by K.M. Zahrt
It’s no surprise that the video streaming site, Crackle, renewed Jerry Seinfeld’s Primetime Emmy Award-nominated web series Comedians in Cars Getting Coffee. The fourth season will begin on June 19, 2014, with the fifth season to follow this fall. Now is a great time to catch up.
Chances are good you’ve already seen at least one episode because, earlier this year, the web series topped 25 million streams. If not, chances are good you at least heard of the series, if you have any sort of Internet connection. Then why am I writing about it? Because I like it, and I want to share it with you. Well, that’s exactly what it feels like Jerry is doing with this series. He likes talking to comedians. He likes cars. He likes getting coffee. Here it is, like it or not.
If you, like millions of viewers, watched the NBC hit show Seinfeld religiously in the 90’s, you probably picked up on this idea: Jerry would like nothing more than to go from meal to meal, coffee shop to coffee shop, to meet with friends, to drink coffee, and to laugh. That’s the late twentieth century/early twenty-first century American dream, isn’t it? And, if you count yourself among Seinfeld fans or fans of comedy, at some point you’ve thought something like, “Wouldn’t it be great to hang out with comedian [fill in name here] for an afternoon? I bet they’re a hoot!”
With Comedians in Cars Getting Coffee, Jerry gets to do his thing, and we get to ride along and fulfill the dream for all of us non-celebrity non-comedian fans. As a result, it’s a brilliant series.
The first episode features Larry David, which makes sense. The idea for Seinfeld famously
originated with Jerry and Larry discussing show concepts at a coffee shop. Who wouldn’t have wanted to be at that table?
However, the most memorable episode of season one is with comedy legend Carl Reiner, who mentions in passing that fellow comedy legend Mel Brooks visits him almost every night to eat dinner and watch Jeopardy! and a movie. Really? As Jerry investigates that evening, one thing that becomes clear is that no matter how successful you are in any career, even show business, TV trays and week-night game shows are in your future.
The first season ends with a heart-felt visit to an old friend, Michael Richards. It’s been several years since we’ve seen him after he fell out of comedy due to a racist rant aimed at a heckler during one of his stand-up shows in 2006. The incident was the first of its kind in that it was caught on video, went viral, and ruined his career–a precursor in many ways to this year’s incident with L.A. Clippers owner (for now) Donald Sterling. Richards demonstrates he still has his comedy chops, and it’s inspiring to watch as Jerry encourages him to seek redemption by making people laugh again.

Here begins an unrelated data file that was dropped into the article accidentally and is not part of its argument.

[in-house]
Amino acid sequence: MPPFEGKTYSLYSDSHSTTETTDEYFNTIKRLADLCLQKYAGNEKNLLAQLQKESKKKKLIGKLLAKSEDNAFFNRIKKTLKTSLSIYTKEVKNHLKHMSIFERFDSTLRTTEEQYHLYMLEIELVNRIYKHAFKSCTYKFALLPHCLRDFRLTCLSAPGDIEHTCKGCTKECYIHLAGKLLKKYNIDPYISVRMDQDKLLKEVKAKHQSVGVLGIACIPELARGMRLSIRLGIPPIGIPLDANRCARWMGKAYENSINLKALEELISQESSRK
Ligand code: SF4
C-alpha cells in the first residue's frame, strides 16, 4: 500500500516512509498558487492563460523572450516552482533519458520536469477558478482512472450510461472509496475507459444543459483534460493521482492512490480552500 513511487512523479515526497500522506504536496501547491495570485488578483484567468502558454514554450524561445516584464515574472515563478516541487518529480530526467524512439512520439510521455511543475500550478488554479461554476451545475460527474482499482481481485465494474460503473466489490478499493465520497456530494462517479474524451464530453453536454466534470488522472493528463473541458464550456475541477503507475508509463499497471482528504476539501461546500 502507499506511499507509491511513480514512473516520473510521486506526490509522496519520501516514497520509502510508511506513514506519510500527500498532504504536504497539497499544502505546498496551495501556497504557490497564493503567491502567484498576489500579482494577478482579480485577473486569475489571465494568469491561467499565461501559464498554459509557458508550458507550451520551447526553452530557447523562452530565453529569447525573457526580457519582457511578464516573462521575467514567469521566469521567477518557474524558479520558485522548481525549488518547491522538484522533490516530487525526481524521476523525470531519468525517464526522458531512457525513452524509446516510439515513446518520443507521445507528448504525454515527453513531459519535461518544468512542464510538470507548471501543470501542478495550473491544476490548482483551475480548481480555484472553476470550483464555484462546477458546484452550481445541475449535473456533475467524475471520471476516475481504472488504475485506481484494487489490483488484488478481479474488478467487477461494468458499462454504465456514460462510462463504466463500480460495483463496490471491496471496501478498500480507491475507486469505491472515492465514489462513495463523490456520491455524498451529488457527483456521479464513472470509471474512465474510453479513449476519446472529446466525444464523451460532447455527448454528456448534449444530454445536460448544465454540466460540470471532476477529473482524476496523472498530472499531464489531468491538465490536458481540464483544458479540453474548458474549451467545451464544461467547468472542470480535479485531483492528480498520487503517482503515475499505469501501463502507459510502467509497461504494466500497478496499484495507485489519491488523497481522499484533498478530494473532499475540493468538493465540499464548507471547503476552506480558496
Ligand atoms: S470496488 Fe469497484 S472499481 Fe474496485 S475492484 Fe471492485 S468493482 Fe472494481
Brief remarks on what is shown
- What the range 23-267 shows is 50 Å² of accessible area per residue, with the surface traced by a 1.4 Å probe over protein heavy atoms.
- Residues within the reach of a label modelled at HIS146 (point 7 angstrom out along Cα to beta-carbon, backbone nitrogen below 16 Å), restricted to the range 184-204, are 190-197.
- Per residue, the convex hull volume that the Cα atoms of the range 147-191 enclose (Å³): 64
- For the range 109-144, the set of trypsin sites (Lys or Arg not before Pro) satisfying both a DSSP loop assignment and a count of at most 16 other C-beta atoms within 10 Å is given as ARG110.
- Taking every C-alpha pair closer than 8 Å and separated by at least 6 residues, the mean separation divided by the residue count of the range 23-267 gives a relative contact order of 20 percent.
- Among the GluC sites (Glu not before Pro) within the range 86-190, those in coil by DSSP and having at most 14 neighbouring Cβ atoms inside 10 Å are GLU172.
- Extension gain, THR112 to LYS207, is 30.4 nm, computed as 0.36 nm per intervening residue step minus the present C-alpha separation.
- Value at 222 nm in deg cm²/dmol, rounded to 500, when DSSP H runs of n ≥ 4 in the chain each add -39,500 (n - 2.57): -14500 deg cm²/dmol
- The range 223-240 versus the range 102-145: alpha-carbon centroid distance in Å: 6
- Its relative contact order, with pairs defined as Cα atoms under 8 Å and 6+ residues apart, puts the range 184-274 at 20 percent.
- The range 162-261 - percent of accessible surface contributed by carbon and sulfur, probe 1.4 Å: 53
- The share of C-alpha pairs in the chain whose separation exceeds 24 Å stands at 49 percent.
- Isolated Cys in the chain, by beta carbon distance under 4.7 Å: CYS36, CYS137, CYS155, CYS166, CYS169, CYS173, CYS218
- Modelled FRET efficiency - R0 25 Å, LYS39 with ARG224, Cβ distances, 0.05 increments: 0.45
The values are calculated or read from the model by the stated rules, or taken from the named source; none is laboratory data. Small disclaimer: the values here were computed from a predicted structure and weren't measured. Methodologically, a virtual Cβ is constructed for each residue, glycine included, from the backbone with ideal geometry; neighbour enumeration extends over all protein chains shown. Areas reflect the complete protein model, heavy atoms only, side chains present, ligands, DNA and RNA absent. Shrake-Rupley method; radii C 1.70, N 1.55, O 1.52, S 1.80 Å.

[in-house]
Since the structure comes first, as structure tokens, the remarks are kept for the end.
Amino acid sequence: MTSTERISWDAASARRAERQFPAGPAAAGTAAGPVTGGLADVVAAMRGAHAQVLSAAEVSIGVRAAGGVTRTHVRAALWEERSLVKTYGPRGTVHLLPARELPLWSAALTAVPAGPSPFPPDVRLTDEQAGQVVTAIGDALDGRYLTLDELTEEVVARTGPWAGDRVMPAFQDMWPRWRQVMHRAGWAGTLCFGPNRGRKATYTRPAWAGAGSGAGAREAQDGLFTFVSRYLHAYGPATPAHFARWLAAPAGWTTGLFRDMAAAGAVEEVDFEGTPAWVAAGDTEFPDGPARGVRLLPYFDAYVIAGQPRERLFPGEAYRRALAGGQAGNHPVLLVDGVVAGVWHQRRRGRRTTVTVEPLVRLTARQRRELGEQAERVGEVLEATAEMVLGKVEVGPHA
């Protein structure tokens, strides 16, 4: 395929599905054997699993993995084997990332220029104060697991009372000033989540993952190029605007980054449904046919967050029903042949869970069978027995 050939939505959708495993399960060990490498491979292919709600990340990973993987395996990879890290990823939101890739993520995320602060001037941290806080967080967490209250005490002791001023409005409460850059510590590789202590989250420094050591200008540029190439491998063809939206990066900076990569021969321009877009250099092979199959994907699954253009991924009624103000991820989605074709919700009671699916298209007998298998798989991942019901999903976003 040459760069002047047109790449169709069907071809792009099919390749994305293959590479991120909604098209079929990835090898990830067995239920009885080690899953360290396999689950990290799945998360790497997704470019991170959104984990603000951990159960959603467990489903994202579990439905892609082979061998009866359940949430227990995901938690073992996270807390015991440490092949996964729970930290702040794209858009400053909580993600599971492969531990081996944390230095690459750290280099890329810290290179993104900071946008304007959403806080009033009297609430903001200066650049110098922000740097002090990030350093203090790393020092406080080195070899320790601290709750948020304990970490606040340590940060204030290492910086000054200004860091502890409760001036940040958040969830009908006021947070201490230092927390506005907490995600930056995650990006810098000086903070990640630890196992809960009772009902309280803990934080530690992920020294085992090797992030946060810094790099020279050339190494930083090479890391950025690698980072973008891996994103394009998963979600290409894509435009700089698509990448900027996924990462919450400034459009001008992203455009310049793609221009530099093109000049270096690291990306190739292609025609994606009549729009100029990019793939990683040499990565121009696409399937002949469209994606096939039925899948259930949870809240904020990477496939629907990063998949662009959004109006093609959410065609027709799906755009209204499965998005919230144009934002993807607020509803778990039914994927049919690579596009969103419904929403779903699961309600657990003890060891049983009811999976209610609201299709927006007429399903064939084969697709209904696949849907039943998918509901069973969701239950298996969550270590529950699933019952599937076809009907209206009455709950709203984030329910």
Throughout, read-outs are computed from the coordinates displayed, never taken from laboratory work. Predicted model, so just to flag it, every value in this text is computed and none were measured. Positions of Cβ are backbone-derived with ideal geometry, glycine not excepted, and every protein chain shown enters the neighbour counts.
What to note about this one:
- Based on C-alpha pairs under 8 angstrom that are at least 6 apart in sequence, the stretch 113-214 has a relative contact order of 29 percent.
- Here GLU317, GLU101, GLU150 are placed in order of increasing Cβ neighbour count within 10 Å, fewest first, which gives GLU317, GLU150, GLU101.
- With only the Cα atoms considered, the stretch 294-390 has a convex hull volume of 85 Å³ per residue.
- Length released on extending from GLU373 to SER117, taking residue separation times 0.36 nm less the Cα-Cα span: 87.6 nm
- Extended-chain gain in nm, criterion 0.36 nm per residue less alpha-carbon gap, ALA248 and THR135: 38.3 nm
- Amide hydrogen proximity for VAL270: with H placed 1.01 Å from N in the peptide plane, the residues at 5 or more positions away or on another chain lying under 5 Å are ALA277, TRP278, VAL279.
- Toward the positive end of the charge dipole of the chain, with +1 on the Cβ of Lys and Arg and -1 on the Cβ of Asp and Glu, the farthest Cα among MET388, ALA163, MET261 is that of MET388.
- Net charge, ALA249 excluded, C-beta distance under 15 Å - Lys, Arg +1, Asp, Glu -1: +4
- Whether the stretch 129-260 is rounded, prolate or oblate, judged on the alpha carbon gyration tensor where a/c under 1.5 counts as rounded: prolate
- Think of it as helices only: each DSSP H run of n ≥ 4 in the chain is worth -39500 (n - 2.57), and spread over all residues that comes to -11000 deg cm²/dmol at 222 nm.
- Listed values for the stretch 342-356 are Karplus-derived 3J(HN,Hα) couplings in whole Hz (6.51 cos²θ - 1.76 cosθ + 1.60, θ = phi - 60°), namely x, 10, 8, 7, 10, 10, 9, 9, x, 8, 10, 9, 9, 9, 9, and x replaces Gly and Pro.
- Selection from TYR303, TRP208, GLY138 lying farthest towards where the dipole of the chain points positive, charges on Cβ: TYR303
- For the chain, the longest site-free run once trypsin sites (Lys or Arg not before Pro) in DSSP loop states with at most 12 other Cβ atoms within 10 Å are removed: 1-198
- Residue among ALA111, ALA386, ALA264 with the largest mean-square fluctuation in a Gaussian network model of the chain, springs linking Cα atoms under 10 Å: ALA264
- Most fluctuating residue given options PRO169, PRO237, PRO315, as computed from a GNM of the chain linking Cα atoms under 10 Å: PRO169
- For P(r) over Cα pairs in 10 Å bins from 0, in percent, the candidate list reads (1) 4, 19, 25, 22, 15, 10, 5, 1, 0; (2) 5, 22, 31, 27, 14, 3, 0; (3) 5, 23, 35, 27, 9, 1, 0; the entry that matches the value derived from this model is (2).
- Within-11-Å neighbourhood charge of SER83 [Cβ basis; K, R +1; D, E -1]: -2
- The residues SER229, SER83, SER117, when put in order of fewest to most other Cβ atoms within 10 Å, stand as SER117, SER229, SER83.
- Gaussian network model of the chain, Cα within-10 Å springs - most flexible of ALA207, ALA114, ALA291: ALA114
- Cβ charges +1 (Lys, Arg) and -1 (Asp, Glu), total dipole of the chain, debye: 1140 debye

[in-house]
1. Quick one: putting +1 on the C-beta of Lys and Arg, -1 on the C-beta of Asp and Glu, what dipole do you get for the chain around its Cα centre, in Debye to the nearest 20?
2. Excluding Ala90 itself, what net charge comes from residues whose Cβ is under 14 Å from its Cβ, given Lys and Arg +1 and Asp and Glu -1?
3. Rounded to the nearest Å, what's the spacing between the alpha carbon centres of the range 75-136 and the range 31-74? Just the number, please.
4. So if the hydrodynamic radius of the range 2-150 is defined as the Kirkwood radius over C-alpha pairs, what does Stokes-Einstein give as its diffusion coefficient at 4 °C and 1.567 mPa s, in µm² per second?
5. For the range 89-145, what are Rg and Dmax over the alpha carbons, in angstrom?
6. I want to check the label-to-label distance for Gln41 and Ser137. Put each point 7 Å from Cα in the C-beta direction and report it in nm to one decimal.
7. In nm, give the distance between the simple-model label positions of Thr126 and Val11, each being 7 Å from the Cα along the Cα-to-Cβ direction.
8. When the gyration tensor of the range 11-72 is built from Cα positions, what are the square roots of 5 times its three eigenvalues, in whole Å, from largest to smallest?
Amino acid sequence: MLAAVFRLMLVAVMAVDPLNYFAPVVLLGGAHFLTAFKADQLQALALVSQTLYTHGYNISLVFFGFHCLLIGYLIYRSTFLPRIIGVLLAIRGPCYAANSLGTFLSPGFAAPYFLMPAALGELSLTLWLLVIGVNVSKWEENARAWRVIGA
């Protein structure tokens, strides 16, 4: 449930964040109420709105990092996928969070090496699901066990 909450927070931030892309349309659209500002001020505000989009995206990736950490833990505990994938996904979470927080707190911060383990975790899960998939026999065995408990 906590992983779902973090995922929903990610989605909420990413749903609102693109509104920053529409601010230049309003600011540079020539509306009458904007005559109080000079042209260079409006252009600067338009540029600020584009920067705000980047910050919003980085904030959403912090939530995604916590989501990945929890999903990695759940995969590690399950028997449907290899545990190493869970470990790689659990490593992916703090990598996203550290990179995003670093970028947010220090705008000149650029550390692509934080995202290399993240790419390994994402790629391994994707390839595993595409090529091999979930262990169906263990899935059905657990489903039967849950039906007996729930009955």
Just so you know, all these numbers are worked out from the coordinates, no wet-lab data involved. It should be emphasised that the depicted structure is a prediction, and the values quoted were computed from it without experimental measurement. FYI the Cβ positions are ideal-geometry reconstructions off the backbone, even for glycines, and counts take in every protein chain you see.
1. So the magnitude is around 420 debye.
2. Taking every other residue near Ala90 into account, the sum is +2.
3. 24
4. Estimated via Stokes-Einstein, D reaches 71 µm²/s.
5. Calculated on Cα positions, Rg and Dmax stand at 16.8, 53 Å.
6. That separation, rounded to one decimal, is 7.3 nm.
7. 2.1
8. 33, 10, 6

There are some episodes that don’t seem to work. In an episode in season one, guest Bob Einstein is preoccupied with the show format, being “on,” and making jokes Jerry can “use.” The show works better if Jerry and the guest simply allow viewers to be a fly on the wall. The Alec Baldwin episode doesn’t seem to work either. The star power is off. Instead of two comedians, it’s a comedian and a movie star, and the table is imbalanced.
Episodes from seasons two and three include visiting a hardware store with David Letterman, getting pulled over by a police officer with Chris Rock, and taking a boat ride with Louis C.K. Also in season two, as the popularity of the series rises, so do the product placements from sponsor Acura, but Jerry approaches it in a self-referential way which makes it more funny than annoying. In one episode, Jerry points at an Acura parked on the side of the road and says, “It’s product placement.” In another episode, he circles the block because he can’t find the product placement vehicle. Classic Seinfeld.
But this post wouldn’t be complete without taking a brief look at the cars. Here are few of my favorites:
- 1952 Volkswagen Beetle with Larry David
- 1967 Austin-Healey 3000 with Ricky Gervais (which Gervais is scared to death to ride in, by the way)
- 1973 Porsche 911 Carrera RS with Seth Meyers
- 1969 Lamborghini Miura P400S with Chris Rock
- 1959 Fiat 600 Jolly with Louis C.K.
- 1981 DeLorean DMC-12 with Patton Oswalt
So, when you take your coffee breaks over the next week, tune in to Comedians in Cars Getting Coffee and get ready for the new season. Tell your boss it inspires your creativity and improves your productivity for the rest of the day. Cheers!